Each camp session offers something slightly different for the age specific group that is there. But, there are some aspects that remain the same across sessions. New campers are welcomed into the community with a button at their first meal and staff and campers alike share in singing the “announcements” song. Dish teams are a major community building piece, where everyone shares in the set up and dish washing from meals. Each day there is Meeting for Worship, swim period and a work period and usually there are theme meals, maybe a dance and on the last night TALENT NIGHT, with a special guest appearance from the local wildlife as the last act.

Camp may seem far away for Friends not in Ontario (and even then!), but the geographic distance is worth the trek. It can also feel financially daunting to have to fly to camp as well as cover fees, however there are bursaries and scholarships which can offset the expenses and you should contact the Camp Committee or speak with your local Monthly Meeting.

It was wonderful to meet new friends, reacquaint with other friends, share my excitement for the Youth Secretary position and get ideas, suggestions and feedback from a wider group of folks. A wonderful place to spend a few days, and camp session or the entire summer, I strongly recommend Camp NeeKauNis.

Friends General Conference Gathering 2011

Even though it isn’t part of the Youth Secretary position, I thought it important to mention my time at Friends General Conference Gathering 2011 in Grinnell, Iowa.

Friends General Conference Gathering is an annual event that brings together Quakers of all ages from across North America (and other places!). A number of Friends from Canada attend FGC Gathering and quite a few of them are Young Adult Friends who serve in the FGC Gathering by working in their High School, K group (Jr. High) or younger Youth Programs.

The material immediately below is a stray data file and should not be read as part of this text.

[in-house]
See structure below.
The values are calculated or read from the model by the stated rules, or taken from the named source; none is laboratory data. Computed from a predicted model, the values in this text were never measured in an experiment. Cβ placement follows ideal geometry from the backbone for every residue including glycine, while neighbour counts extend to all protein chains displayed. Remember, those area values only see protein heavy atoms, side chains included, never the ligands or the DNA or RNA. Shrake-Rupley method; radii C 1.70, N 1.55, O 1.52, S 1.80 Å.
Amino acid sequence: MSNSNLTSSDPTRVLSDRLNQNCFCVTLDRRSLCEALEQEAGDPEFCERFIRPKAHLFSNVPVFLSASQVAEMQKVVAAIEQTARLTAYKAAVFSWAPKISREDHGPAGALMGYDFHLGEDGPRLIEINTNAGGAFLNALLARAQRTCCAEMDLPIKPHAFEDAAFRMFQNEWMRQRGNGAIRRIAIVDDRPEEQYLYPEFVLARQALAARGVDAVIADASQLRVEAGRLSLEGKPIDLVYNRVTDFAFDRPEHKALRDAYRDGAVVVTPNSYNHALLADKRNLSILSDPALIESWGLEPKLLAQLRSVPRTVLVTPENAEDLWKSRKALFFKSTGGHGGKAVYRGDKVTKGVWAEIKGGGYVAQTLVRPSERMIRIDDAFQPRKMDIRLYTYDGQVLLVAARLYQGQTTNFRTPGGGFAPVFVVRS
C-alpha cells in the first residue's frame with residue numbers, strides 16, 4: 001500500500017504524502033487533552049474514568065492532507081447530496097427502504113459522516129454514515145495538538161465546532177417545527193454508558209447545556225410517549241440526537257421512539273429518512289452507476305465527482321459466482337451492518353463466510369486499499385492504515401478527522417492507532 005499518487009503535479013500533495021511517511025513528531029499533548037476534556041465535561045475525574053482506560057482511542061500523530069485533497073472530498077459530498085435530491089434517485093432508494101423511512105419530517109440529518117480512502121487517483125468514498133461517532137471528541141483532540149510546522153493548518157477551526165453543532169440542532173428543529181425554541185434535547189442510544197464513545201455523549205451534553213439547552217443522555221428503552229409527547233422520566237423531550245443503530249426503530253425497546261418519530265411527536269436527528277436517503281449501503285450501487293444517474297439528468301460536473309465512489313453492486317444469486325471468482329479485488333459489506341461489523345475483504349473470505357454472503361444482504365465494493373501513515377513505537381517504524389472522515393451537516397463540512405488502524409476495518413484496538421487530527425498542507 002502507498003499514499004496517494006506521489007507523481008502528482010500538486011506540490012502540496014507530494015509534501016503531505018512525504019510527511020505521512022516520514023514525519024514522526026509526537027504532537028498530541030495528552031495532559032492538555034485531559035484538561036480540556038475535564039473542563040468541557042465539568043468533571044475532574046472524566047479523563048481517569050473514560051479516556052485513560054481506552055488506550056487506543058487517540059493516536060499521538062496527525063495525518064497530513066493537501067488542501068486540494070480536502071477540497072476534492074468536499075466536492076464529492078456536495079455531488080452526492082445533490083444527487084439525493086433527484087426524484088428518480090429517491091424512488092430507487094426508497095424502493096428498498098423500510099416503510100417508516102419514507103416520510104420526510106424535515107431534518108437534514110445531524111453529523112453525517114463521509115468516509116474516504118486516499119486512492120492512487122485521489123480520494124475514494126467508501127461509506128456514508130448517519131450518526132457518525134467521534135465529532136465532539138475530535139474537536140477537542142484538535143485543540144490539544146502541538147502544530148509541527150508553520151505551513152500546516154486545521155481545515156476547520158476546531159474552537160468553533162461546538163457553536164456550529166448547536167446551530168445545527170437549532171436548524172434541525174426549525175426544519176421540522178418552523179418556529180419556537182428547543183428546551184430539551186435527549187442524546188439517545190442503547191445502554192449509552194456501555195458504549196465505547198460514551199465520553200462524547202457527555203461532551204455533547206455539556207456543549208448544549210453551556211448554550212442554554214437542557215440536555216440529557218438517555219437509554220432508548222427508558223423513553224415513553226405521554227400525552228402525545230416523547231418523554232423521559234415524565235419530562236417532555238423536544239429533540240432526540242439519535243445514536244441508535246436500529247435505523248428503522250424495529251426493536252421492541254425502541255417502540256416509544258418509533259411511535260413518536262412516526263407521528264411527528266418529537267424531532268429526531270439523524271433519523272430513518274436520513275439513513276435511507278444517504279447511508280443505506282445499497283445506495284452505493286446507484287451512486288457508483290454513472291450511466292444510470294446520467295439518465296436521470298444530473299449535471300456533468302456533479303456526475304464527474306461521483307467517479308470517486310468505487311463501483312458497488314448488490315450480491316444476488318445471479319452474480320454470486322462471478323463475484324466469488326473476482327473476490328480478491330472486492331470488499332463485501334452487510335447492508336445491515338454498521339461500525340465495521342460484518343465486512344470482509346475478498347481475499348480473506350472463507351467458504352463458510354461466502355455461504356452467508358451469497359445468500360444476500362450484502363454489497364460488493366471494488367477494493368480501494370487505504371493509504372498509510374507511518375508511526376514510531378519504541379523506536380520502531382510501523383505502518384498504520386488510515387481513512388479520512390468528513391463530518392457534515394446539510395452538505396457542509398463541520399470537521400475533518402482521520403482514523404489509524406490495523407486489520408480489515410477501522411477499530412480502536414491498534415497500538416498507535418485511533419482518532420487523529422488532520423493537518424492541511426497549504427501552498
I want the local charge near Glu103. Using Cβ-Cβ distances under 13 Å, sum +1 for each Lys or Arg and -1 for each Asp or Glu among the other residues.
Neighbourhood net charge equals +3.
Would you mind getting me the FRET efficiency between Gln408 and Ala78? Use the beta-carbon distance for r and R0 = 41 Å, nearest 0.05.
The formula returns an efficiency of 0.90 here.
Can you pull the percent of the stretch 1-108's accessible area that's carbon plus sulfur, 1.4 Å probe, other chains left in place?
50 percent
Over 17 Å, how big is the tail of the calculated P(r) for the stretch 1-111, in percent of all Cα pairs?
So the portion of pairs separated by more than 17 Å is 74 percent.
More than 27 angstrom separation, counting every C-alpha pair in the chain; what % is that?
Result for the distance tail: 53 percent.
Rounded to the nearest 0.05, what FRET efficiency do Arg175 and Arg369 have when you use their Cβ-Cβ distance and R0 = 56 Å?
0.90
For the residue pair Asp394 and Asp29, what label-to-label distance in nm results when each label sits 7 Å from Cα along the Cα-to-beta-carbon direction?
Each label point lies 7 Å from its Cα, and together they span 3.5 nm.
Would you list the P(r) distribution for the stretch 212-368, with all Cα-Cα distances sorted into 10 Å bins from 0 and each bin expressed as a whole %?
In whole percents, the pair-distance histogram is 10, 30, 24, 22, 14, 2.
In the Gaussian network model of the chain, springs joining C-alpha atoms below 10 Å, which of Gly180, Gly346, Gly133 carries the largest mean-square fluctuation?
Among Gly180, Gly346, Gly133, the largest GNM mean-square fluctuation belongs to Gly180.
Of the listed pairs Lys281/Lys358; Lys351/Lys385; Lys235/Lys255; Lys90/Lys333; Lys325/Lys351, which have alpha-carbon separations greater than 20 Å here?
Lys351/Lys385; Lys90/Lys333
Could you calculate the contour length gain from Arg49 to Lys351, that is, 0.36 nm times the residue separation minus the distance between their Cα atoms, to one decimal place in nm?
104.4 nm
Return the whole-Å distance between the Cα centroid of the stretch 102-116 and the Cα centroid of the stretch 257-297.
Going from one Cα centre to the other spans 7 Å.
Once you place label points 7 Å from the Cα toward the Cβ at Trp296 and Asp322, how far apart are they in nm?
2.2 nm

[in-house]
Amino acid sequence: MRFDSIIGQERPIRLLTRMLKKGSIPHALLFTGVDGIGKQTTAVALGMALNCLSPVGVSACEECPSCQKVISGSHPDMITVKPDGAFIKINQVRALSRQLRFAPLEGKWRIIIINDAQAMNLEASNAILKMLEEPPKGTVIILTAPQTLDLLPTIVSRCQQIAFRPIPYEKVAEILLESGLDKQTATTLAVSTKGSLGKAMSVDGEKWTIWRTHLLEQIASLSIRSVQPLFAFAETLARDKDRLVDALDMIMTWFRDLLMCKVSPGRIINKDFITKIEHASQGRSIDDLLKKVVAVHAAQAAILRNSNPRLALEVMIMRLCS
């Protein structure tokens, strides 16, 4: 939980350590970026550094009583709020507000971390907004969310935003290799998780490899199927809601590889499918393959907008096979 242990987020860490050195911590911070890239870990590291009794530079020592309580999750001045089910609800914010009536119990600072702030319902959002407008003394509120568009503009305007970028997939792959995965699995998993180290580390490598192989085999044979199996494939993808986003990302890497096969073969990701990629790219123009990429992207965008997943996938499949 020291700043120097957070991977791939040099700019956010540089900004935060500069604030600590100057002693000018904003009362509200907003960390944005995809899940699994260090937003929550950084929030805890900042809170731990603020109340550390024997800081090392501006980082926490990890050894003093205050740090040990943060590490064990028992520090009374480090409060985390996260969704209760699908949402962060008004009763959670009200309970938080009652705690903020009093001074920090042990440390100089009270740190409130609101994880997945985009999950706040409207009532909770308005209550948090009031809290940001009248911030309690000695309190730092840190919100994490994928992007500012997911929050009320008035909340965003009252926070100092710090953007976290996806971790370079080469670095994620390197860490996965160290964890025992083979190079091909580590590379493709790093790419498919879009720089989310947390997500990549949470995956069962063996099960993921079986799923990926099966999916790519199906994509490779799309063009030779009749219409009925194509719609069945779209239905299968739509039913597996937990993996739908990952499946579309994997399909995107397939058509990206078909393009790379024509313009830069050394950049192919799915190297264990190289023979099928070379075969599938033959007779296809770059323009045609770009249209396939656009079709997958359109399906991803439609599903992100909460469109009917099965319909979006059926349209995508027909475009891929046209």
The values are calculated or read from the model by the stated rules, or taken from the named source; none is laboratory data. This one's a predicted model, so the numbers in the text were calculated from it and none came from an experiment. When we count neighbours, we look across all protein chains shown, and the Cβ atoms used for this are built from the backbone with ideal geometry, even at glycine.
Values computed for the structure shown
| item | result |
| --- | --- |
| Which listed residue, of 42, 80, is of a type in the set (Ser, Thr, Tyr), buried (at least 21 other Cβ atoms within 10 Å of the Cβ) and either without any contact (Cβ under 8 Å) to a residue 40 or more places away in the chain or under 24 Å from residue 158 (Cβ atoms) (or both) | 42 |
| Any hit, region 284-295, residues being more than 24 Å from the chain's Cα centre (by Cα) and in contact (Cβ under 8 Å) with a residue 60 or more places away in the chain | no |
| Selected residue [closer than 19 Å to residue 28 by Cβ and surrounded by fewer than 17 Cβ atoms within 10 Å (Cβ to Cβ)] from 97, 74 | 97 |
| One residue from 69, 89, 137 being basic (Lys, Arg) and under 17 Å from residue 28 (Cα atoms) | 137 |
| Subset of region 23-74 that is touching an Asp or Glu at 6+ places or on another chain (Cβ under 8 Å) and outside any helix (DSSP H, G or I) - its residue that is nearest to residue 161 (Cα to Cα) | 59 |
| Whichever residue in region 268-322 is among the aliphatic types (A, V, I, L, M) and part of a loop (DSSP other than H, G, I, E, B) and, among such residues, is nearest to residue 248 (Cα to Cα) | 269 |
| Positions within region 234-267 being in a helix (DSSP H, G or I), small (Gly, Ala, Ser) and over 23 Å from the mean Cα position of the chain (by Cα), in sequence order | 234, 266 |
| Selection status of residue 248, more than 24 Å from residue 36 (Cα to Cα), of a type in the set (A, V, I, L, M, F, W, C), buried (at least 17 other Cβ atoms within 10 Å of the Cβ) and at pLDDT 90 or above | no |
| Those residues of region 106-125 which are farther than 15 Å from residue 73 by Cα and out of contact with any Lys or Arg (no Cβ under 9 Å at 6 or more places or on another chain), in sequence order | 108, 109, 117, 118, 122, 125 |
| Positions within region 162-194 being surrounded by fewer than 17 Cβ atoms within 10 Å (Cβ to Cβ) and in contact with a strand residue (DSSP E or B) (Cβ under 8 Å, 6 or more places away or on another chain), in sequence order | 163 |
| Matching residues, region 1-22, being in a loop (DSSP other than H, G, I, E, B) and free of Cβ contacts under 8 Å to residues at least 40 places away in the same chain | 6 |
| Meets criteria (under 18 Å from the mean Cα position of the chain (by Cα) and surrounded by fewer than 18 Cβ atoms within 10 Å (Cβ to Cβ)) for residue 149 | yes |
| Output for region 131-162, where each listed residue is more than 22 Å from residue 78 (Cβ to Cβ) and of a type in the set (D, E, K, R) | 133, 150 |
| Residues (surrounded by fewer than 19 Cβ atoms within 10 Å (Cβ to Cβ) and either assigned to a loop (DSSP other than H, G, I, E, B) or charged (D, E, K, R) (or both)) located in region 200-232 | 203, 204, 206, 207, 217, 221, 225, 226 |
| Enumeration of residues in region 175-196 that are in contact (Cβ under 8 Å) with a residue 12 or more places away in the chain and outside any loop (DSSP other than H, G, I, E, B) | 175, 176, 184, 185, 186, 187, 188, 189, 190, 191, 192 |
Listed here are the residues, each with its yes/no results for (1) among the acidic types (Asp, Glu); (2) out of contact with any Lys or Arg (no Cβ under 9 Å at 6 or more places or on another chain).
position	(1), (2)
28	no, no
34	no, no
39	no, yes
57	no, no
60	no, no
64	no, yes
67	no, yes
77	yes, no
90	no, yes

I have the opportunity to work with the High School (HS) program. This year we had a smaller group (the whole FGC Gathering was smaller) of 85 participants and 16 staff. It was a packed week, with staff training and orientations for parents and participants, workshops for participants and staff meetings in the mornings, free time (full of activities, sports and relaxing) in the afternoons with smaller “support” groups to facilitate getting to know a smaller group of people better, and then evening activities.

Special high lights were the out-trip to Rock Creek State Park where we spent an afternoon as the High School community, playing games, chilling, swimming and eating our lunches. There was an epic group sit (see photo) and a lot of laughter. There were also two dances (one inter-generational and one HS-YAF only), water play, capture the flag, two business meetings, closing meeting for worship and an (optional) all-night celebration on the last night. oh- and wink. did I mention wink?!

(For those of you that don’t know, Wink is a game that many Quaker groups I know play- check out the Wikipedia site on it:

For families or Younger Friends who are in more isolated situations, whether geographically or because you are the only ones with children or in your age group, consider making the effort to get to FGC Gathering or Camp NeeKauNis because there is something incredible about having a critical mass of Quakers in your own (or your children’s) peer group together with the opportunities to worship, play and work together.

There are many opportunities for volunteering with FGC Gathering, which provides opportunities to off-set costs, follow a leading or ministry and to gain experience in servant leadership. If you’re interested in the Gathering or other programs that FGC provides, check out their website:

FGC Gathering moves around. Next year 2012- it will be in Kingston, Rhode Island and in 2013 it will be in Greenly, Colorado.